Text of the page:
Attganger is an incredibly nice word, but that is no longer used in the Norwegian language. In Ibsen you find maybe the most popular play, with the title “Gjenganger”, which is more modern version of the word, but also not used much today. The most common Norwegian word today for the same phenomen is the word “spøkelse”. Attganger if directly translated means ”back walking” or to be more precise – it means ghost.
This is one of the characters you find most mentioned when it comes to Norwegian folk legends. It has a numerous of meanings, beyond being a dead person. The description that usually goes again is that someone broke a promise and the dead comes back to remind the person of the betrayal.
Otherwise you have explanations for the phenomenon such as: a ”attganger” is a corpse that does not rot because of a misdeed. Or ”attganger” was someone who had a score to settle. What they could have forgotten to do was things like: they had forgotten to sharpen their knives before they died, or they returned because some had been unkind to them while they lived.
From one valley in Norway, called ”Osterdalen”, it is a tale of a child who dies and comes back. The child plays with his sisters and brothers, and family is getting so used to the dead child that they forget that he really is dead.
”Attganger” could also return because they wanted to be of some sort of help. If a marriage had been good, they were around to be some help for their spouse like finding things they could not find anymore. Several folk legends tells about a wife returning to help their dear husbands. The first folk legend you find below is a cruel one. The source of the story is: Peter Lunde Kynnehuset Vesteegdske folkeminne I, 1923.
The story goes like this:
This happened around 1870 when a man took his own life on a mountain farm in Aaseral. It was uneasy on pasture after that, people were too scared to be there, so pasture stood deserted.
But it was one that would set off and try and dare to be there one night and find out how it was.
In the middle of the night he woke up and the dead stood in front of him and stared at him.
– How are you where you are?, asked the man in bed.
– I do not feel that bad now, but I a, worse when the time pass on, said the dead. – Do not talk like this!, said the other. – You scare me. You must leave me.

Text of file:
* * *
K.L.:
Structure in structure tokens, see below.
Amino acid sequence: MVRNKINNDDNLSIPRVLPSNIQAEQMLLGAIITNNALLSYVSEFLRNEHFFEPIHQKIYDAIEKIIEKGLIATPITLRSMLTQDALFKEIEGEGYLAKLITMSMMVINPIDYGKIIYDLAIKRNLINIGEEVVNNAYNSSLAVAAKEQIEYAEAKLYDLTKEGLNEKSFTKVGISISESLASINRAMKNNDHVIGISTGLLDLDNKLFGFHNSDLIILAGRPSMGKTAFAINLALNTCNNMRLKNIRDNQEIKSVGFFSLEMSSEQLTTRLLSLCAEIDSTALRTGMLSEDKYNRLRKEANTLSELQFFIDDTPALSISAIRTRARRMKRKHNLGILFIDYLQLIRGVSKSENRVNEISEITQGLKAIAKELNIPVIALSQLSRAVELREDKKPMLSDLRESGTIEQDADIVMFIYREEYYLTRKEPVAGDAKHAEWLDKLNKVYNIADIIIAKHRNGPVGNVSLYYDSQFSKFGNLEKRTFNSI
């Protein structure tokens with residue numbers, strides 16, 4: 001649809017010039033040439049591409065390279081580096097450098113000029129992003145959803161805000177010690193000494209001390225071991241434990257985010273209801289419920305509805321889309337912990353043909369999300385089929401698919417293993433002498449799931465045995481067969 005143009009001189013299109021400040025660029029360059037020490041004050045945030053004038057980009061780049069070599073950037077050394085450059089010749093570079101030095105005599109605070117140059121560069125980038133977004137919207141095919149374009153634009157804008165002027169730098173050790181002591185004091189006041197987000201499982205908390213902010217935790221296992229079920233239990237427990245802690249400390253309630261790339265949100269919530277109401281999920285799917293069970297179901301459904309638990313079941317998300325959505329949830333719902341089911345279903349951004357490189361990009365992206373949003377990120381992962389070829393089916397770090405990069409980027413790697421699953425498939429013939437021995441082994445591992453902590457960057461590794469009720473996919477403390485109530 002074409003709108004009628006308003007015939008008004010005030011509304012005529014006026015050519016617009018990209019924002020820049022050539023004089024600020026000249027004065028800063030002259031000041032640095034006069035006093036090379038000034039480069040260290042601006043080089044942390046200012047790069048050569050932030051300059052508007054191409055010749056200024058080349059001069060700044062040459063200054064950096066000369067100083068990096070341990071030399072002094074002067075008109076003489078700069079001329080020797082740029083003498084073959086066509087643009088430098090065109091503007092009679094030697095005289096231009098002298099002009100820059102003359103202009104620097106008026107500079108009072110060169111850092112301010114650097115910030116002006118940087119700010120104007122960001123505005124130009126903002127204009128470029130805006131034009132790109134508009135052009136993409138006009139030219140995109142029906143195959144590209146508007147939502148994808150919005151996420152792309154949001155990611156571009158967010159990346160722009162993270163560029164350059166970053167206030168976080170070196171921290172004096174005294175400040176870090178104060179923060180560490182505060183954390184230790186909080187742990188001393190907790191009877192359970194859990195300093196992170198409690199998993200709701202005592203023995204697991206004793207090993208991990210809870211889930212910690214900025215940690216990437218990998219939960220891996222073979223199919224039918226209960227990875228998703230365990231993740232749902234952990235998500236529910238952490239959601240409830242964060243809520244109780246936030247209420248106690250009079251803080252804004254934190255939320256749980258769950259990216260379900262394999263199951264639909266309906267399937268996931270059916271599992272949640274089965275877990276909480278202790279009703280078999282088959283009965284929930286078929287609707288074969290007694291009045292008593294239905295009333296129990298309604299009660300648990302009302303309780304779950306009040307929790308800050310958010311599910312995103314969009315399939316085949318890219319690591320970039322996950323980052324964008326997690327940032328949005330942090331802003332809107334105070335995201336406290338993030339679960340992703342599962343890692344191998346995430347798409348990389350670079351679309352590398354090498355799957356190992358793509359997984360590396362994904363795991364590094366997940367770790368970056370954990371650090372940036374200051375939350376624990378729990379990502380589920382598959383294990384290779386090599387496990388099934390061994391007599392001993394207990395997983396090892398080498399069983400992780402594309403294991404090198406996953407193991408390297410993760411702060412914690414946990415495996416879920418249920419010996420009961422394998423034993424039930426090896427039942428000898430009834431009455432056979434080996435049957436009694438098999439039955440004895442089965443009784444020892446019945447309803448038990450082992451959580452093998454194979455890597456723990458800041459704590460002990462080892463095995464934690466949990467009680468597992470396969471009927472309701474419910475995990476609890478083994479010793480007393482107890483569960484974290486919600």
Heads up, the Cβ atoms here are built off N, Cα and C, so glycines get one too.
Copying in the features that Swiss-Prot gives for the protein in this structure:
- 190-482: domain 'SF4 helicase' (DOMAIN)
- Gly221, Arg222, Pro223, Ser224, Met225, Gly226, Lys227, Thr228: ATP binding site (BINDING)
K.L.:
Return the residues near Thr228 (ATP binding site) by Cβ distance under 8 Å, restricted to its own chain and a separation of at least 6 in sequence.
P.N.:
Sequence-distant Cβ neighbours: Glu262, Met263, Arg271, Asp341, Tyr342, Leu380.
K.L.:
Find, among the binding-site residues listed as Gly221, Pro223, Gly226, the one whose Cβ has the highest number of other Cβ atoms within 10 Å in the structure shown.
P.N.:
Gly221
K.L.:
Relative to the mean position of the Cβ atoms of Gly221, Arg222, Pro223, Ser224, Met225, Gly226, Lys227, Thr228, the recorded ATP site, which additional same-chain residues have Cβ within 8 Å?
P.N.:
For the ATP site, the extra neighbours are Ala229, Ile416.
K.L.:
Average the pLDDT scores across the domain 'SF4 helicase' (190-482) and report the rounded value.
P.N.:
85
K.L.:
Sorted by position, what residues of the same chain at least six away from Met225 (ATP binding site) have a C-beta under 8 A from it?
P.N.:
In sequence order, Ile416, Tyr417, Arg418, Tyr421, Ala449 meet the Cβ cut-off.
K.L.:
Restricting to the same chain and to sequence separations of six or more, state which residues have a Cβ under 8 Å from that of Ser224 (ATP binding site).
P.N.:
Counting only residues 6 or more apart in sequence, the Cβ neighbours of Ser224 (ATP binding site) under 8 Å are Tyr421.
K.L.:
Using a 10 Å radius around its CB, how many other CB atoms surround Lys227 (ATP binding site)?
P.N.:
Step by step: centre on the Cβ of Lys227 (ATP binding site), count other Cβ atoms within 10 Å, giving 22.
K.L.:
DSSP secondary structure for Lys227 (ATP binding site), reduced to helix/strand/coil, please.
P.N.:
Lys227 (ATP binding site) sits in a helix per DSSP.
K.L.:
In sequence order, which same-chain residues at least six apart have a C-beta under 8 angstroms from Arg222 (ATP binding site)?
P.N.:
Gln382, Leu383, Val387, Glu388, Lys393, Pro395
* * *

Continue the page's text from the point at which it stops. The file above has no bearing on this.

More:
Then the dead took knife and cut his own neck and the blood splattered up against the wall and then he fell down and was gone.
And here there is a little more optimistic tale that also is suitable for the Christmas approaching:
The courageous boy
Source: Moltke Moe, Folkeminne from Bøherad
There was this place that was so haunted on Christmas Eve that the people who lived there had to leave their own home.
One Christmas a boy came travelling and asked for a place to stay that evening. The people said that they wished he could stay, but the place was haunted and they themselves could not be there and far less could they have guests. – What do you give me if I lie here in the night and gets rid of the ghost for you?, asked the boy. – Oh if he wanted to do that, it should not be missing on the payment, they replied. So they agreed; boy went in and lay down and the owners left.
When it was getting dark, a large black dog came into that sniffed around the walls in all the rooms, then it left. Then came a number of people with a coffin which they sat on the floor. When they left, the boy approached the coffin, looked at the corpse and removed the shirt. The by put the shirt on and gave the corpse on his own ragged shirts.
Then he went and lay down. At the same time, the corpse, an old man stood up from the coffin. – How are you? Need a new shirt ?, asked the boy. – No, no, I do not. But I have hidden some money in here and I get no rest because of them. But if you on Sunday tear down the fireplace and takes the money, take some yourself and give some to the poor, then I will have peace. Yes, the boy promised to do so.
After a while, the entourage came and retrieved the coffin. The boy lay down to sleep. In the morning the people came back, while the boy was asleep. He remained with them over the weekend. When Sunday came, he did what he had promised. And since then it was quiet in the house.